Waste stabilisation (Oxidation) ponds in New Zealand continue to be a cost effective means of wastewater treatment, but thirty five years’ experience working with pond systems has shown that there are many aspects of these seemingly simple systems that are still not well understood. Improved understanding of pond systems translates to better performance outcomes and greater cost efficiencies for that increasingly limited capital and operating investment.
Recent analysis of 20 pond systems throughout New Zealand presented some interesting findings regarding pond performance outcomes and upgrade strategies. This paper presents some of those findings and follows on from a paper presented by H Archer at the 2015 Water Conference “Can Performance of Waste Stabilisation Ponds be Improved”, and also reviews a paper presented by CW Hickey and JM Quinn to the 1990 IPENZ annual conference “Evaluation of the Performance of Domestic Sewage Oxidation Ponds in NZ”.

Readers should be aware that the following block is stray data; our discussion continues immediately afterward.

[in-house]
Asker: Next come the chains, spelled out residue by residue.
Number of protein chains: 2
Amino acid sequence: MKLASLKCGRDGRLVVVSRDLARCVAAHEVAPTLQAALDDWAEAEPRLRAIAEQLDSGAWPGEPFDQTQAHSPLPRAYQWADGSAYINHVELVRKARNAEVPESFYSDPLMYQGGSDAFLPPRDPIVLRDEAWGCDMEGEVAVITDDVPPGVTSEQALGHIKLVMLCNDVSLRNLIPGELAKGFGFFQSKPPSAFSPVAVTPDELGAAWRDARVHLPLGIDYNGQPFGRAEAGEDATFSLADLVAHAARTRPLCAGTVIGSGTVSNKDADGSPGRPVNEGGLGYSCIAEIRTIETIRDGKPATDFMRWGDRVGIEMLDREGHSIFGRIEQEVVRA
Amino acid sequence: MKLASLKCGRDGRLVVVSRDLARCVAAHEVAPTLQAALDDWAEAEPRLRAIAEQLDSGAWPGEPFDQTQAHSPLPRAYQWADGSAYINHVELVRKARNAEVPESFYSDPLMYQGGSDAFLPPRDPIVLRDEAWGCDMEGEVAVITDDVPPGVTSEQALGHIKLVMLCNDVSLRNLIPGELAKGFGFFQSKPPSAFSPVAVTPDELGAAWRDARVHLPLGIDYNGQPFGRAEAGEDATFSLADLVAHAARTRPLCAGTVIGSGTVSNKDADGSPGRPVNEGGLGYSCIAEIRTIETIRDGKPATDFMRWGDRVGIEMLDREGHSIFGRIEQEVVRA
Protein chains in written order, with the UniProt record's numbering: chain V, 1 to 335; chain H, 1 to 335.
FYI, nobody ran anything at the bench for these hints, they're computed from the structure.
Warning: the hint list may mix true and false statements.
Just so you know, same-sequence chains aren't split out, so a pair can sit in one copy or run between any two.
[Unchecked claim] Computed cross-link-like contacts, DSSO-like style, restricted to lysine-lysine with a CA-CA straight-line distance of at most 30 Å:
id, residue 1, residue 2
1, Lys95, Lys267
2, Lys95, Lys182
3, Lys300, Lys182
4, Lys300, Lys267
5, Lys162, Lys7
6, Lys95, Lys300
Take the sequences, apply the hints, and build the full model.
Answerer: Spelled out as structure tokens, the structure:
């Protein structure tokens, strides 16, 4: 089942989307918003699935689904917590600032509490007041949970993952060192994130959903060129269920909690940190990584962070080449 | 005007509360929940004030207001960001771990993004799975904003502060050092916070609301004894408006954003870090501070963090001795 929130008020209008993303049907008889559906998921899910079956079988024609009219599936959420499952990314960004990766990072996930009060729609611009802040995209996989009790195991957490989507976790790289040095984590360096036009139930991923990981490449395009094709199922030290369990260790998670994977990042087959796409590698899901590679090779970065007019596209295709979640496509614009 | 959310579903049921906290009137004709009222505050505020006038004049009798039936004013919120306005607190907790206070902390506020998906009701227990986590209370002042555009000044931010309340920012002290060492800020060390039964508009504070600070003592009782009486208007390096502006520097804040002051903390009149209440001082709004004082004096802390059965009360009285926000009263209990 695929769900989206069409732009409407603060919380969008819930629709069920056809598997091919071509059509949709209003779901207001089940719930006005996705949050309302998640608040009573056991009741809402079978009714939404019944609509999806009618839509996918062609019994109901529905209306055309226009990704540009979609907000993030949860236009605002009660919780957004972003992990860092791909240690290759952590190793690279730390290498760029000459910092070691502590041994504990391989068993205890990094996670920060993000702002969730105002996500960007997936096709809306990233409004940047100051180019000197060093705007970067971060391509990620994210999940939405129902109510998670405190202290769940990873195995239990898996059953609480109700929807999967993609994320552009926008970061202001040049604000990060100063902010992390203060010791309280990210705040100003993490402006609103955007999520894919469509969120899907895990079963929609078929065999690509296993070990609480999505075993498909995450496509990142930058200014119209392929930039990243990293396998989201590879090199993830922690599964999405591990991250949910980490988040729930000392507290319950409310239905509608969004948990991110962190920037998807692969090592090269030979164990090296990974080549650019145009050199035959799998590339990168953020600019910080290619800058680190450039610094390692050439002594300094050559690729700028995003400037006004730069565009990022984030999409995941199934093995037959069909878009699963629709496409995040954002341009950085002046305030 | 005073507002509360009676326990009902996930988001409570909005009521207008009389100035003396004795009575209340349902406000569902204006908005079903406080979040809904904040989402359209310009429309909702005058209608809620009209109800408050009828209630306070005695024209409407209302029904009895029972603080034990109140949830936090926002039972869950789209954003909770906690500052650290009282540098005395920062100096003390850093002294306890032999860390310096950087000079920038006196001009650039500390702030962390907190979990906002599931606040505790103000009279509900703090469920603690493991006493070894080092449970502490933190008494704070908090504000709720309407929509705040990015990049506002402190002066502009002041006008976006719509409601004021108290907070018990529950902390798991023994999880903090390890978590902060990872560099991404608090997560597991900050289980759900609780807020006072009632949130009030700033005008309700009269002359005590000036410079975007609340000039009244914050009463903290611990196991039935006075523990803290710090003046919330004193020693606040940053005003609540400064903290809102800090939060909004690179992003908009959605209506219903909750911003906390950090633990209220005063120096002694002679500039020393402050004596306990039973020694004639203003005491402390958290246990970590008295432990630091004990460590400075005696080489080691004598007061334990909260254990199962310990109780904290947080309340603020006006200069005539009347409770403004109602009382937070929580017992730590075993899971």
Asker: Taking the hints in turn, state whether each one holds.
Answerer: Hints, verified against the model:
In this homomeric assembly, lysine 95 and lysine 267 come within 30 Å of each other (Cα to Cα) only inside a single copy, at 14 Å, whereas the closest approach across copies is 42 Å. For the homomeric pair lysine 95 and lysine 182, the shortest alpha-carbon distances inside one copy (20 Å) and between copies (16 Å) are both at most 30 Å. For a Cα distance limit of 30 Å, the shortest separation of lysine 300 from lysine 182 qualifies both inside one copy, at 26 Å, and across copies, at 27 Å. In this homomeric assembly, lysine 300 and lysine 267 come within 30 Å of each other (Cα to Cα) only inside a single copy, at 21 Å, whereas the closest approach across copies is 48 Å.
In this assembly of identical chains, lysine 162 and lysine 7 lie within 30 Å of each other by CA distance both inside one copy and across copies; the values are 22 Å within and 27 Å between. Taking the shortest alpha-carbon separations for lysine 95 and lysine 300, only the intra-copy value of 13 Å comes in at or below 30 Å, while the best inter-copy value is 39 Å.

The paper looks more critically at pond performance in regard to the 50-year-old New Zealand national design guideline of 84 kg BOD/ha/d, at factors affecting pond performance such as loading, temperature, mixing and sludge accumulation, and at a number of approaches to improve the performance of pond systems with which the author is familiar.